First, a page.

With the wealth of valuable knowledge we’ve accumulated over the years, we feel that some previous posts are worth sharing again. Thus, Fridays are “Blast From the Past” – where we choose a T Ching post from this month but a previous year that we feel is worth another read and breathe new life into it. Enjoy!
Originally Posted: January 2015
Contributor: Elyse Petersen
Among my peers in the tea industry there are many discussions taking place about the definition of terms like specialty tea and the use of terms like “real tea.” In his recent post, A Call for Standards, Austin Hodge brings up this very subject – which can take you down a rabbit hole of tradition and semantics. There are several schools of thought, and as a newbie in the tea business (fewer than 10 years) I have been very cautious to adopt one over another. My company is attempting to bring direct trade tea to the market with as much honesty and transparency as possible. When it comes to marketing and the messages we choose, we are very careful to fully define the terms we use. There may not be one universally accepted definition of specialty tea or real tea, but understanding the existing schools of thought can bring more awareness of the terminology.
If you look at market information provided by the Tea Association of the USA it is stated that there are four segments of the tea market: supermarket; food service; ready-to-drink; and “specialty” tea. If you use this as the basic definition for specialty tea, you can apply the process of elimination to find that many types of teas can be considered “specialty” tea. This includes all loose-leaf tea (and in some cases bagged tea) sold in a retail environment other than the grocery store shelf. This includes large and small retailers alike, no matter the level of quality provided by the retailer. For this reason, retailers who are focused on high quality are passionate about better defining specialty tea because there is widespread consumer confusion about the difference between the quality of teas, since all are marketed as “specialty.”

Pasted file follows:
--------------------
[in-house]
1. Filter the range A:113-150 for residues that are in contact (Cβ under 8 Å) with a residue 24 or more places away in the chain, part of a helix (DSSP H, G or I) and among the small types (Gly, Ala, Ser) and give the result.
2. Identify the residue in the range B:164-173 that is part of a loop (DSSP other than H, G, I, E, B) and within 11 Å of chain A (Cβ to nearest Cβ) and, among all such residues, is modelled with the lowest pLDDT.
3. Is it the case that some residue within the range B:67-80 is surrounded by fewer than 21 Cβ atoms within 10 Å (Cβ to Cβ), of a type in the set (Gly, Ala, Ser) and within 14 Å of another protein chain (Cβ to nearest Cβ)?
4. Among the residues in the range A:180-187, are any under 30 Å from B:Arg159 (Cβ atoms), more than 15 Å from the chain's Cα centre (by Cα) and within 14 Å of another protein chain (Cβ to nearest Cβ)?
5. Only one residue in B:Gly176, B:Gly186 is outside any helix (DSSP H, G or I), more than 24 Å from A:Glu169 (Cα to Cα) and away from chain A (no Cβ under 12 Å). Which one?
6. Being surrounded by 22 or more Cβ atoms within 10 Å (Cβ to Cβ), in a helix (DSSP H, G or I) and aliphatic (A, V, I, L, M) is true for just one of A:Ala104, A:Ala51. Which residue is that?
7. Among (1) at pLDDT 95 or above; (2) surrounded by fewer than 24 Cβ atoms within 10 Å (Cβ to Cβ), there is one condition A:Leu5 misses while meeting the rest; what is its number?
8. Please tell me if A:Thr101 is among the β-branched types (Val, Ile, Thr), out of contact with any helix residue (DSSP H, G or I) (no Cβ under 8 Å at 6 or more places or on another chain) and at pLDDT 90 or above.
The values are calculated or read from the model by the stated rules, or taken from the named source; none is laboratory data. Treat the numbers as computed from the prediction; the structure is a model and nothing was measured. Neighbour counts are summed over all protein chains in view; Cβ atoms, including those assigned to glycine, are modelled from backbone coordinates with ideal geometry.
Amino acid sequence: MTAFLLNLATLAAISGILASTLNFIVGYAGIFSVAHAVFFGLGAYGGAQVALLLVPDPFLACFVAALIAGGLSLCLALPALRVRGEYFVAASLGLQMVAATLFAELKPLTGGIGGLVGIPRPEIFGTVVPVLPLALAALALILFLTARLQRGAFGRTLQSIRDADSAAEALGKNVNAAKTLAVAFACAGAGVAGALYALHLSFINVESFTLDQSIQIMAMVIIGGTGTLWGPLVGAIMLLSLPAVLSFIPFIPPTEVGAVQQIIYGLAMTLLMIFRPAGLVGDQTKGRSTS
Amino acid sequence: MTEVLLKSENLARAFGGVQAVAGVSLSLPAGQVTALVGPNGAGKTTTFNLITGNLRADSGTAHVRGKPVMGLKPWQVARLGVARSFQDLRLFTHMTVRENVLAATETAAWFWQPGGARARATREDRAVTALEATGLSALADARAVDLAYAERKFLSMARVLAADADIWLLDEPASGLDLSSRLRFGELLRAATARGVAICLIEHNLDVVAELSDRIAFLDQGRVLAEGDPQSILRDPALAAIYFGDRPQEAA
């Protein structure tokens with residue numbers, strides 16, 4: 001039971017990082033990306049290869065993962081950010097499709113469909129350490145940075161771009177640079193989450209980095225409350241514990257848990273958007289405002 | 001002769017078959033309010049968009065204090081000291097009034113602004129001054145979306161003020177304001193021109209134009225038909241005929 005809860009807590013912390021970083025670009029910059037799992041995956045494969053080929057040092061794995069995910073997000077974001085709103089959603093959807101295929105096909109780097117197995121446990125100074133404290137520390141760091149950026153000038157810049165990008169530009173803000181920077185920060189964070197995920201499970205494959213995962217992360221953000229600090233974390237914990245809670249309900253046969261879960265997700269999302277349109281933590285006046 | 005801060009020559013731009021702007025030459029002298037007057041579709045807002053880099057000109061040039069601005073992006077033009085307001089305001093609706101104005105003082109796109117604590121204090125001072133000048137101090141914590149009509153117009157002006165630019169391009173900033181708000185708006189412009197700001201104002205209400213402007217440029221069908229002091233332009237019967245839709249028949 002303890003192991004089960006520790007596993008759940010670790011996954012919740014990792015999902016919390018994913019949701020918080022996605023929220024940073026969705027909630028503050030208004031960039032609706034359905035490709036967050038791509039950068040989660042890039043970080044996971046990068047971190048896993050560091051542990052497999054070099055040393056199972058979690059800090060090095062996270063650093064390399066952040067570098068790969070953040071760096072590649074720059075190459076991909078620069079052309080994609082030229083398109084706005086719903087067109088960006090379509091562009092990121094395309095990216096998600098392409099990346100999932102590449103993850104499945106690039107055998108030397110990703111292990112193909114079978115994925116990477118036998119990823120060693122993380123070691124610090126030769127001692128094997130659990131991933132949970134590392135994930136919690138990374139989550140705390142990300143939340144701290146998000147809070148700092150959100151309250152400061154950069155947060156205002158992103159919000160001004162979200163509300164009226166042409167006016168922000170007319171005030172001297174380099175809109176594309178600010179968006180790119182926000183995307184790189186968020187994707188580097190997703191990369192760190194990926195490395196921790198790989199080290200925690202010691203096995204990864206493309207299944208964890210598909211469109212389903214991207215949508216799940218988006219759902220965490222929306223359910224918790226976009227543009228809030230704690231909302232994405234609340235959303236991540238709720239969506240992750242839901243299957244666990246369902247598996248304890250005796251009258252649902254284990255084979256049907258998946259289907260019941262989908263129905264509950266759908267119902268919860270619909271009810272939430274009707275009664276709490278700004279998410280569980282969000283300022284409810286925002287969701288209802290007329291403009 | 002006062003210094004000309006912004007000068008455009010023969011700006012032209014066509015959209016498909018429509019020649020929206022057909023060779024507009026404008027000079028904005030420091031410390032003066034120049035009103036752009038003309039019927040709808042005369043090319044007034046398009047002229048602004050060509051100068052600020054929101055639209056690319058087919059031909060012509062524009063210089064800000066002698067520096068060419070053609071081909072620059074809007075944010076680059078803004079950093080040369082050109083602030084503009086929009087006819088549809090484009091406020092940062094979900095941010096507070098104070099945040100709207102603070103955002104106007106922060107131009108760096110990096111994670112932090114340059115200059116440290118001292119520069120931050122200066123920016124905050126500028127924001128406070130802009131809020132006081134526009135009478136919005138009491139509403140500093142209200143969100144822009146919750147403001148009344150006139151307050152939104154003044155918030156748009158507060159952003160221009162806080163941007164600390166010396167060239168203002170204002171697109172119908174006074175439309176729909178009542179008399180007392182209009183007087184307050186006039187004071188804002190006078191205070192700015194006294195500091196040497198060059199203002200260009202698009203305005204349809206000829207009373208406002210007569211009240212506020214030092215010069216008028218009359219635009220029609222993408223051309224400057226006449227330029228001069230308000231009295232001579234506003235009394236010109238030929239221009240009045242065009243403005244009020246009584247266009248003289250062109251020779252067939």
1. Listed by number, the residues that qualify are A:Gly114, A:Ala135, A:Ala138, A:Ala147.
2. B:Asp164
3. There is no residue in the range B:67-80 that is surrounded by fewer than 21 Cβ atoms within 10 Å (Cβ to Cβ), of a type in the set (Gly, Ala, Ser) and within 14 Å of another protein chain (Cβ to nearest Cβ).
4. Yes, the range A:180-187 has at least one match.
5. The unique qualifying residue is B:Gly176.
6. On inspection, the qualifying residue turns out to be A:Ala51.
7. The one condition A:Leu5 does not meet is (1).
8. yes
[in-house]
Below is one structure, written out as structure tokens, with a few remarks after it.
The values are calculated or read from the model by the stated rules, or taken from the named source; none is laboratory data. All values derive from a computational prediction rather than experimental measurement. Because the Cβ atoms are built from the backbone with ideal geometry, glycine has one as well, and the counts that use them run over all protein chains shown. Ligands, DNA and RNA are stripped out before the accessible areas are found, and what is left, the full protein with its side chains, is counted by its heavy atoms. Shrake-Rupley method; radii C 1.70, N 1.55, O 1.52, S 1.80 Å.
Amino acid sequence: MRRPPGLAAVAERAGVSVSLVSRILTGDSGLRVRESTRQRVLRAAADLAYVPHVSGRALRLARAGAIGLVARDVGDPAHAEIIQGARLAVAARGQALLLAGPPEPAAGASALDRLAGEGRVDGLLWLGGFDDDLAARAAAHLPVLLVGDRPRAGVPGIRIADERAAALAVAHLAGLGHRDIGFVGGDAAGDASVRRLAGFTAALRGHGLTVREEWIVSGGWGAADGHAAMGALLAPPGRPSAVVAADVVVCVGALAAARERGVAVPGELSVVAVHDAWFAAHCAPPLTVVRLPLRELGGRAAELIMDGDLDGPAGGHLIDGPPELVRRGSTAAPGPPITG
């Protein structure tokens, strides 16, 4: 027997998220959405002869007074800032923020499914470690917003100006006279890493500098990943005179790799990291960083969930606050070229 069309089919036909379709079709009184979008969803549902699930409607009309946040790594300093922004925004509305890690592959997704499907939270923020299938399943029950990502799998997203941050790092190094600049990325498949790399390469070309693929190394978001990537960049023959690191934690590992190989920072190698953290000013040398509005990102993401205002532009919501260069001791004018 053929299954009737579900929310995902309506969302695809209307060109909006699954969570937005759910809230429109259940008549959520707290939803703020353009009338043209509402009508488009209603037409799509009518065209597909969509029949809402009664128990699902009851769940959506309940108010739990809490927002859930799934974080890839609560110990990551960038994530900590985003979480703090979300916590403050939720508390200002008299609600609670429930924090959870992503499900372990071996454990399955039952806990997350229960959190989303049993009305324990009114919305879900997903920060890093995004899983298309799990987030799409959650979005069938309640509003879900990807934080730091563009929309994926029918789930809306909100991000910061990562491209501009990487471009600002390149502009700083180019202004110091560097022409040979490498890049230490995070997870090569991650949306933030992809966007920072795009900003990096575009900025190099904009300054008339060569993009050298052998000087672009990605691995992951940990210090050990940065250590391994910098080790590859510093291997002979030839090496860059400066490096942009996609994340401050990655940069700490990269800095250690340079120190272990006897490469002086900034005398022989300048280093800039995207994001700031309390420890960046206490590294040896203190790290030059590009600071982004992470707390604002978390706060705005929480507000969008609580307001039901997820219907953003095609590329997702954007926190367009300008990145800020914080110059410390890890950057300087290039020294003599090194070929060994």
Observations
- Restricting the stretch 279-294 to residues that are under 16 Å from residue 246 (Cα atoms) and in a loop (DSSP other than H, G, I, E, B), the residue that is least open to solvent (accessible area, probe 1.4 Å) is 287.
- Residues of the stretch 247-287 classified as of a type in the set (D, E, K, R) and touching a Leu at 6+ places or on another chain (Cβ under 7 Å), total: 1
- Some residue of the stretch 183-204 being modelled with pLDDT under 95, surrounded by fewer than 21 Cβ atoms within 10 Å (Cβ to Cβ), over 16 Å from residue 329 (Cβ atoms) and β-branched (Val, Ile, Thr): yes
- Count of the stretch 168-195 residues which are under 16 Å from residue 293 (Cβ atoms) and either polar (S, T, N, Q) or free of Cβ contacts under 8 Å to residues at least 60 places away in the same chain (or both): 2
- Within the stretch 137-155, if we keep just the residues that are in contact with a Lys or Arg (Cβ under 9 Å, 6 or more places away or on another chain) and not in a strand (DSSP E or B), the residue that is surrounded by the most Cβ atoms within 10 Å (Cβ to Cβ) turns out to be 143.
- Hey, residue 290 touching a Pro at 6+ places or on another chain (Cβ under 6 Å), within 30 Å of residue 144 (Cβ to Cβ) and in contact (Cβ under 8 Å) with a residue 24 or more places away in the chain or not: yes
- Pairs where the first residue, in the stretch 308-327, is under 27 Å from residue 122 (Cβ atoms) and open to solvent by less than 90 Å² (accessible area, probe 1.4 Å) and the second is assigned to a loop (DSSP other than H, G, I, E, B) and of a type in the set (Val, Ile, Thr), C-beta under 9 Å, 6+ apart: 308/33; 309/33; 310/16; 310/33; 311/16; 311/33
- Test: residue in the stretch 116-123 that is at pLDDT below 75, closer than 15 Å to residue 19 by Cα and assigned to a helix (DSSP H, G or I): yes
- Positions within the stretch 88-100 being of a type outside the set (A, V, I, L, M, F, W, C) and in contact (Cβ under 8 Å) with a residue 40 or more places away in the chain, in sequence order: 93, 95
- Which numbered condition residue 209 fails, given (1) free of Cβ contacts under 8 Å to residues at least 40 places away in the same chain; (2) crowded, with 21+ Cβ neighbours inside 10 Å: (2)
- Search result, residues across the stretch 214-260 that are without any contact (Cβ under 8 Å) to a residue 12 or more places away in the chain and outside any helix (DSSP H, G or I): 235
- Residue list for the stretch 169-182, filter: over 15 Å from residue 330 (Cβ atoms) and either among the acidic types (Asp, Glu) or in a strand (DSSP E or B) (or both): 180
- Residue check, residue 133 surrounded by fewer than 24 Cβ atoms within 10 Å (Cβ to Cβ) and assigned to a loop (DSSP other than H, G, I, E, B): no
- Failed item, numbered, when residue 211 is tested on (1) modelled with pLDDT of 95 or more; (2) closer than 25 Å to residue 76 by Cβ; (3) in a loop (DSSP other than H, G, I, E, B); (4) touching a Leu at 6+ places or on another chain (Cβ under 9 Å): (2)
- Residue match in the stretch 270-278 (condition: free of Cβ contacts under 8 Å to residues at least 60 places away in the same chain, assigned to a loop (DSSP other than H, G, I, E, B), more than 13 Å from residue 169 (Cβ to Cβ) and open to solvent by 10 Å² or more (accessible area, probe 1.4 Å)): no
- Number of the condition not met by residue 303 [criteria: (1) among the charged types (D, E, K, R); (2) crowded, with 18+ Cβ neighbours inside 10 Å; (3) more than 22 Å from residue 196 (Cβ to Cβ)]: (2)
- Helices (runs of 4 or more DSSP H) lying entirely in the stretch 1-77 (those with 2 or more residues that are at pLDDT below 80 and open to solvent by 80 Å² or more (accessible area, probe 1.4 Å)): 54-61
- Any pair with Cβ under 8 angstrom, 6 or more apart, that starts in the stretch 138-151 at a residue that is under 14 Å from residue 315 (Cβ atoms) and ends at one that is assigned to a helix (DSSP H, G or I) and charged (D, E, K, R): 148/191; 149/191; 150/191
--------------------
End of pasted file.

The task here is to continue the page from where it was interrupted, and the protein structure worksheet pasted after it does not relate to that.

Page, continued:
Vendors of traditional Chinese teas who are focused on sourcing only the highest quality are in a position to define the quality of their tea even more due to the financial burden they take on to import these teas. Often times the retailer must sell the tea in the US for a lower retail price than in China. Many of these retailers have chosen to categorize their tea as “real tea” which must meet very strict specifications – which can be met only by traditional Chinese teas. The origins of this distinction are not simply economical or associated with marketing, but are deeply rooted in pride in Chinese tea production.
At Tealet we welcome all tea growers from all tea growing regions to submit their teas for review and distribution. We are in a difficult position because we are focused on high quality and the need to provide education to the consumer about tea quality as well as the need to better define specialty tea, but we can’t favor Chinese teas. Many of the producers of quality tea for the platform are not in China. Although there are many conversations happening in the tea community about developing quality standards, don’t expect anything to happen overnight. Over time, possibly decades, there will be more awareness and availability of high quality tea, which is good for the producer and the discerning consumer.